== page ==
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Janet Ellen Livingstone

Janet Livingstone, writer and music critic, died March 12, 2021 in Seattle, Washington. She was 94. Born in Fargo, North Dakota on April 29th, 1926, she attended the University of Iowa, moving to San Francisco in the late 1950s, where she reported for the San Francisco Chronicle, and worked at Freeman, Mander & Gossage, an advertising agency. 

Living on Lombard Street in the late 1950s and 1960s--on the crooked part of the “crookedest street in the world--” Janet made many musical friends and loved the neighborhood’s bohemian social life. She enjoyed memories of playing music and trading bon mots late into the night with Charles Burns and Leslie Dorking, then as the sun rose, donning her trim plaid suit and getting to work at the ad agency in the early morning. 

One of her fondest memories of that period was bringing the Irish Whiskey account to Howard Gossage, for whom she worked. She was later on hand at the Buena Vista Cafe when he and Jack Koeppler hatched the idea of creating “San Franciscan Irish coffee.” Her years in advertising with “Gossage” at the Fire station were some of her favorite memories. 

Janet fell in love with Ireland, and identified so closely with its music and poetry that many friends assumed that she was of Irish heritage, though she was not. In the 1970s, she worked for the Kilkenny Workshops, a project of the Irish government that supported the continuance of traditional Irish weaving, which had almost disappeared by the 1970s. She designed and then managed the Kilkenny store in San Francisco’s Ghirardelli Square for many years.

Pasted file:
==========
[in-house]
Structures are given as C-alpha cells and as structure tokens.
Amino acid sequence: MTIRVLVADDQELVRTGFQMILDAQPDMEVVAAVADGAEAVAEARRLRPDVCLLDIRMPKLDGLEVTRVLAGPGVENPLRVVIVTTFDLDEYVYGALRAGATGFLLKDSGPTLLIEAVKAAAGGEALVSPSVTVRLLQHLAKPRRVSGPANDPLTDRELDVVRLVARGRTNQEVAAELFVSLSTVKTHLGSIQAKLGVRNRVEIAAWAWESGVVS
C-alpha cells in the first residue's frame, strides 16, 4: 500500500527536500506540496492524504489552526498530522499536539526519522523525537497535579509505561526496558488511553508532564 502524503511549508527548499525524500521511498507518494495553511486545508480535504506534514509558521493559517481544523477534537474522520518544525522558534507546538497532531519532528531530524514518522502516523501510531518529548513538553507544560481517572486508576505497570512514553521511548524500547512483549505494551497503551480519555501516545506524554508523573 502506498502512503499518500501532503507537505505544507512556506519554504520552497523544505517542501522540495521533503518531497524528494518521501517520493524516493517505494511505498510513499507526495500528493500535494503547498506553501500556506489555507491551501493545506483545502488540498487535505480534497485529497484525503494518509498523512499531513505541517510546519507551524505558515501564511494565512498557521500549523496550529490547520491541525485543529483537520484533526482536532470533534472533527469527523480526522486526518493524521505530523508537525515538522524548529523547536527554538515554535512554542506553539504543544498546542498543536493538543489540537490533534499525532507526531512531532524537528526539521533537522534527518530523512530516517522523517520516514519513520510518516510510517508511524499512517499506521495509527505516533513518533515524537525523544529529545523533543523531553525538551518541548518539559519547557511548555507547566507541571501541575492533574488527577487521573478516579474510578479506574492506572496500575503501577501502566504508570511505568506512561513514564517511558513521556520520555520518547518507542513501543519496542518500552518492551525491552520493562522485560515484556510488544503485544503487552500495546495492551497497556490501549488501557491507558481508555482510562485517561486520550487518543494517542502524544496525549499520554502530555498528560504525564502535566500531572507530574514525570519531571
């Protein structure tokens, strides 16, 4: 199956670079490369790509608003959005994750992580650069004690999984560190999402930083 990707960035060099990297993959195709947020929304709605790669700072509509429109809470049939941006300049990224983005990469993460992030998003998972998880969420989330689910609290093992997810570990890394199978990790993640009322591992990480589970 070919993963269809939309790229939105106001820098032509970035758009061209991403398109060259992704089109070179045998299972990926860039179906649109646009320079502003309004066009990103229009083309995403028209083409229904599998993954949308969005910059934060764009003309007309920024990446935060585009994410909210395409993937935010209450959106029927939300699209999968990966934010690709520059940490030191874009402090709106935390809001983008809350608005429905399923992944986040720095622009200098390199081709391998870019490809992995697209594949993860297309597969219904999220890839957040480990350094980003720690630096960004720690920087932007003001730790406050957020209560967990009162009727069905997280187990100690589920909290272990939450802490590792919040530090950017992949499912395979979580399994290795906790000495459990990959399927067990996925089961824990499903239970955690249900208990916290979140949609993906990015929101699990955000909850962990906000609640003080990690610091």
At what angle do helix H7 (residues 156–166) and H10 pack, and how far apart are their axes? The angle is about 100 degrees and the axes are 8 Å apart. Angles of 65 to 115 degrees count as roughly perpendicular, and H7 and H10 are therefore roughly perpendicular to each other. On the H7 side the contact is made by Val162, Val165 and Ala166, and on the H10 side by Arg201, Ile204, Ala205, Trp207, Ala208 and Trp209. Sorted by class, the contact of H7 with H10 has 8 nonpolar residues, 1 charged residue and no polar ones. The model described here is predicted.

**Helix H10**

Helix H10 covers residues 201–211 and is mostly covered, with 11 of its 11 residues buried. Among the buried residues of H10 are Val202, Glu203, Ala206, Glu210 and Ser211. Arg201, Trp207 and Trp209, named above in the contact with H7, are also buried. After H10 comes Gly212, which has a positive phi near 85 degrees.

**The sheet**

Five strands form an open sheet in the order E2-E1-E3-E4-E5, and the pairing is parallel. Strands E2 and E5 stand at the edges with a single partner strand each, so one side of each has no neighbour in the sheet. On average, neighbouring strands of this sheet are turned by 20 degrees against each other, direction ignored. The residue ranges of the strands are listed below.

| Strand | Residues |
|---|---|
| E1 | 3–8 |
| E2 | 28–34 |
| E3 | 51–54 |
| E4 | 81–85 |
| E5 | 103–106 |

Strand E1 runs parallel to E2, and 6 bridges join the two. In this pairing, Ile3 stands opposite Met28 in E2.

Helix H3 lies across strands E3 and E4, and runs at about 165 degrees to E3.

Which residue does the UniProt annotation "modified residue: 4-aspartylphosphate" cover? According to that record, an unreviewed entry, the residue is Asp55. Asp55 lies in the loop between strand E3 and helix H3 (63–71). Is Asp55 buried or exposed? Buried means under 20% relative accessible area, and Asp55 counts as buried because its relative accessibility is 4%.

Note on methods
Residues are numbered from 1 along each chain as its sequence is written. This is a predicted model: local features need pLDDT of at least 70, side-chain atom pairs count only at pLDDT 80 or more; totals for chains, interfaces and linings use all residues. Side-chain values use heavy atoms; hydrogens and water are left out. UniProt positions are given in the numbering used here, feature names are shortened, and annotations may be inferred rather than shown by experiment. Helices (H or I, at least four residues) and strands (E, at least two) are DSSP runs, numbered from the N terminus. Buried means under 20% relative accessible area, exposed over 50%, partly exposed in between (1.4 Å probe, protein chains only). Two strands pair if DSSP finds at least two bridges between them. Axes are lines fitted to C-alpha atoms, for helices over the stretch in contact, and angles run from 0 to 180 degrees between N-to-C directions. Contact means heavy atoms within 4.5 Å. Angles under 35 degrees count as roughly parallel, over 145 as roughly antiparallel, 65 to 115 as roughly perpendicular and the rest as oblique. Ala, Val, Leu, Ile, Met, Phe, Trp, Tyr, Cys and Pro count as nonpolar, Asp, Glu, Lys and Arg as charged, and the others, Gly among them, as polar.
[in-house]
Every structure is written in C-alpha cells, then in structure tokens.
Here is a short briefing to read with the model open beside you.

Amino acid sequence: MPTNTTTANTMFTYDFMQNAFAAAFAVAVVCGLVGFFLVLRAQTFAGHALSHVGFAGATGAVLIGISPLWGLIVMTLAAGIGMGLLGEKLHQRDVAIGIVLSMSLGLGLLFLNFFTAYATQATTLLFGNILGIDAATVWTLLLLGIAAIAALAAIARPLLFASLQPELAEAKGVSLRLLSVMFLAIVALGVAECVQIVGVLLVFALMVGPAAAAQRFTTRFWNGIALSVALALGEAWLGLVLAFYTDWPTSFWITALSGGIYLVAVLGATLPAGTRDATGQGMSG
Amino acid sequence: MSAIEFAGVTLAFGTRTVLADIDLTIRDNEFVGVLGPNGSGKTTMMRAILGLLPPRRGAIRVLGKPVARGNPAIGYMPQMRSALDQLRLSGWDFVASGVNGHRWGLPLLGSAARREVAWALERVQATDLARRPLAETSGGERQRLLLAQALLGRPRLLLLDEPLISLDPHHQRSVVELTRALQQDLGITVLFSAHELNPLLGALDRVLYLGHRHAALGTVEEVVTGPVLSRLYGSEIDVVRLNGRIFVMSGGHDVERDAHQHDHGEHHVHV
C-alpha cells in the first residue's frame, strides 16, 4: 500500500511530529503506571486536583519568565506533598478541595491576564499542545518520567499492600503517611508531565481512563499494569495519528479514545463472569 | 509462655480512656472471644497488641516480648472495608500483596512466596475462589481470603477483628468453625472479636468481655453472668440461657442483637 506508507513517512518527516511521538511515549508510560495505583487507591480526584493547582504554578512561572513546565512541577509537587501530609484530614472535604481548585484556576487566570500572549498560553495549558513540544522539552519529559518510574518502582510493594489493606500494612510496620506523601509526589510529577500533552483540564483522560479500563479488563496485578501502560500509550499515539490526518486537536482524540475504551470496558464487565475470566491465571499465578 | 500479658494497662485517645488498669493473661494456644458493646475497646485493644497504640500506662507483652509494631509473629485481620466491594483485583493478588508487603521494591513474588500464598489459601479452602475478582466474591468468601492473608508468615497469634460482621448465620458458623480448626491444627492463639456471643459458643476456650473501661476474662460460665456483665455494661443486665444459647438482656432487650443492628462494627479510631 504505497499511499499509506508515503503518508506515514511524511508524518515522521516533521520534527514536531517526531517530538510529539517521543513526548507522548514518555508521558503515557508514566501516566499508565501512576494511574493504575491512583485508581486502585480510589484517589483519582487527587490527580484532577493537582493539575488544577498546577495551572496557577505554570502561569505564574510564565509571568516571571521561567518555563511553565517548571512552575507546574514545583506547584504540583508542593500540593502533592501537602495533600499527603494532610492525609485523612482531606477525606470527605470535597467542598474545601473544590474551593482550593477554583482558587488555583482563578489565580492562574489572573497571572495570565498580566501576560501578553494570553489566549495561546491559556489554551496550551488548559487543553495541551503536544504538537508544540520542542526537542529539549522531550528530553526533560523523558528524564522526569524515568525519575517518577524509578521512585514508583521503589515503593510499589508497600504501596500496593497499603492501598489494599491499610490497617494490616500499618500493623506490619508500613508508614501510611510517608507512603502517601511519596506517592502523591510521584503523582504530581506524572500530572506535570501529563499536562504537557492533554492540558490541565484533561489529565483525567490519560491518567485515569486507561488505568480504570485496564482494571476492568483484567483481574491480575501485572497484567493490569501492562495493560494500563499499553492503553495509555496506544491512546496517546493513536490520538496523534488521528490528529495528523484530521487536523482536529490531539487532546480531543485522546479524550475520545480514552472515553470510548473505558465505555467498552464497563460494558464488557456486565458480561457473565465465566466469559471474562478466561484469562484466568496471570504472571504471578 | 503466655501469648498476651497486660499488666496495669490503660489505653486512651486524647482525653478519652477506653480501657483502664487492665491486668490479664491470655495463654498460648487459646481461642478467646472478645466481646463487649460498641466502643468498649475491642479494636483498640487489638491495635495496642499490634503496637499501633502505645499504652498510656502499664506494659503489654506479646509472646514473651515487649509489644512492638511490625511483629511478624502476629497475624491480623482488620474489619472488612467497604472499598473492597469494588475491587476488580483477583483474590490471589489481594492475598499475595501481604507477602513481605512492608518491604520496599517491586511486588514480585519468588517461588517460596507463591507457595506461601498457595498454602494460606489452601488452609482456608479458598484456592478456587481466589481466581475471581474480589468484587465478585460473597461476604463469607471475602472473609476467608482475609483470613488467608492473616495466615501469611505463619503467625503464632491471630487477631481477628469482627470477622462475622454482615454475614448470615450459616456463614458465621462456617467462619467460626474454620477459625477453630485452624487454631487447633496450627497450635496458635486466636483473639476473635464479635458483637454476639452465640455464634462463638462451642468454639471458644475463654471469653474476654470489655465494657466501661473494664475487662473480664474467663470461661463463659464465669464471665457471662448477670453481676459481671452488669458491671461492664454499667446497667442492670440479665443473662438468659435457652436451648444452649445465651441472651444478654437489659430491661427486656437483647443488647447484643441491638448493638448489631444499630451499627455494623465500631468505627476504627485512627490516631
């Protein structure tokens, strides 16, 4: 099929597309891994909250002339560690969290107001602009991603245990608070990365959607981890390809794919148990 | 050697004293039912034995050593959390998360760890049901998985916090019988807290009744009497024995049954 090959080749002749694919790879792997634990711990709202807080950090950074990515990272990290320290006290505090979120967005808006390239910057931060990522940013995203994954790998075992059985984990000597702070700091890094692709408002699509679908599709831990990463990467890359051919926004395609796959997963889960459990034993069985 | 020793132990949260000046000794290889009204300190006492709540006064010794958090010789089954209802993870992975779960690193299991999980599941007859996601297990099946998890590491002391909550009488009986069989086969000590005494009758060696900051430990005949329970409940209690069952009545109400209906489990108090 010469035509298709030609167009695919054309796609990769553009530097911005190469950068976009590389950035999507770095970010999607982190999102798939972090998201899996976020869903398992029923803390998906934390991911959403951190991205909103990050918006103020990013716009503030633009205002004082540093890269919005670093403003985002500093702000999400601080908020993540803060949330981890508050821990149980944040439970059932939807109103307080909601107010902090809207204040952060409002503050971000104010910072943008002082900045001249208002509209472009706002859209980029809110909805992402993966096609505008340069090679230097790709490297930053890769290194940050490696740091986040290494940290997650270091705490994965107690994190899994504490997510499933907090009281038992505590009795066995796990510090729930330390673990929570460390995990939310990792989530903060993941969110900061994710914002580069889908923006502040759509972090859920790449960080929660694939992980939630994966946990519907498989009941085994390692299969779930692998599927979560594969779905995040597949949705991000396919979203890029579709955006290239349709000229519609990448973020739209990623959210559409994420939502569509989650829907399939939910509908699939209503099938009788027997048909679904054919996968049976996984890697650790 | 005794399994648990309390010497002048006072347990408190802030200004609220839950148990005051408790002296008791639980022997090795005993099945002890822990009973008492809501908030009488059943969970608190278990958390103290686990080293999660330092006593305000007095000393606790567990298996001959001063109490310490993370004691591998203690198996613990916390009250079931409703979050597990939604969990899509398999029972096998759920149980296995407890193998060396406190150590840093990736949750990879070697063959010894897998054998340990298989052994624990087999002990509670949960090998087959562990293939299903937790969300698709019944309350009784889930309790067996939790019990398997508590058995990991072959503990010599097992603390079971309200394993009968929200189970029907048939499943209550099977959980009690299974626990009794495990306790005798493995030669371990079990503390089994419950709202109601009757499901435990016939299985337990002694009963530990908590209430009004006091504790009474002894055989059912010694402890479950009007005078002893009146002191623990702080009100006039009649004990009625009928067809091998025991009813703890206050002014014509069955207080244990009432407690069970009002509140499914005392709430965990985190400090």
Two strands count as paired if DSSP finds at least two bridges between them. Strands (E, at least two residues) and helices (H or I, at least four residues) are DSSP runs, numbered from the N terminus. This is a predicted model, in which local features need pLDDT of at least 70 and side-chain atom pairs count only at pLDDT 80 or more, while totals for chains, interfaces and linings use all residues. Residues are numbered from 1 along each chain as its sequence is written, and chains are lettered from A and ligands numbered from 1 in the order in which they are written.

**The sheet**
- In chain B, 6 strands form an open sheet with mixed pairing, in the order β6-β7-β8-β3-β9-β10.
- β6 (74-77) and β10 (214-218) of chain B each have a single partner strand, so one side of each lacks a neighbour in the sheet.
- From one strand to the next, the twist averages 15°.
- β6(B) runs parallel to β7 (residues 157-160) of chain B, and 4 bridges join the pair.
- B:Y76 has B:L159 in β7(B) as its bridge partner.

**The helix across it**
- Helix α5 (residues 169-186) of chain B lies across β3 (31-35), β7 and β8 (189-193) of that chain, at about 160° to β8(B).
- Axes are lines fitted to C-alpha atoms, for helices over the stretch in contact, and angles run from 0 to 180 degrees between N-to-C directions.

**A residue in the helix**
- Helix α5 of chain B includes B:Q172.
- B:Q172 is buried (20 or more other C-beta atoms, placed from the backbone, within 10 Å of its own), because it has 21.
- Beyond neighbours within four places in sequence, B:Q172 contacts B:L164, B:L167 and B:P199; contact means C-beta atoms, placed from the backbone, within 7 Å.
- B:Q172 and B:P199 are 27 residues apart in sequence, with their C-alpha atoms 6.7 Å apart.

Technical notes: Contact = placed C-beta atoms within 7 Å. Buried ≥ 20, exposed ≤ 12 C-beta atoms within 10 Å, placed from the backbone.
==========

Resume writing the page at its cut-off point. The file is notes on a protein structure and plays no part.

Janet decided to go back to school in the late 1970s, and received her MFA in Musicology from Smith College. She cherished her time learning from Andrew Porter, one of her advisors. Returning to San Francisco, she wrote articles about opera, and reviewed Bay Area musical performances. She particularly enjoyed reviewing the chamber performances of Pocket Opera, and was a great fan of its founder, Donald Pippin.

A punctilious grammarian and editor as well as musician, Janet worked for many years as a copyeditor on Robert Alter’s translation of the Hebrew Bible. She was deeply gratified when it was published in 2018. 

Janet loved music, writing, her dear friends, all animals, T.S. Eliot, anything made by Apple, beautiful fabrics, painting, gardening, walking, a good mug of Major Dickason’s blend, and her constant companion, KING FM 98.1. Her courage, sensitivity, deep listening, faithful friendship, and thoughtful intelligence added much to all our lives. We will miss her mischief.

She was preceded in death by her sister, Ann G. Livingstone, and brother “Red” Livingstone, and is survived by her niece, Elizabeth Livingstone, of Holmdel, New Jersey and by her cousin Robert Remen, of Tacoma, Washington.


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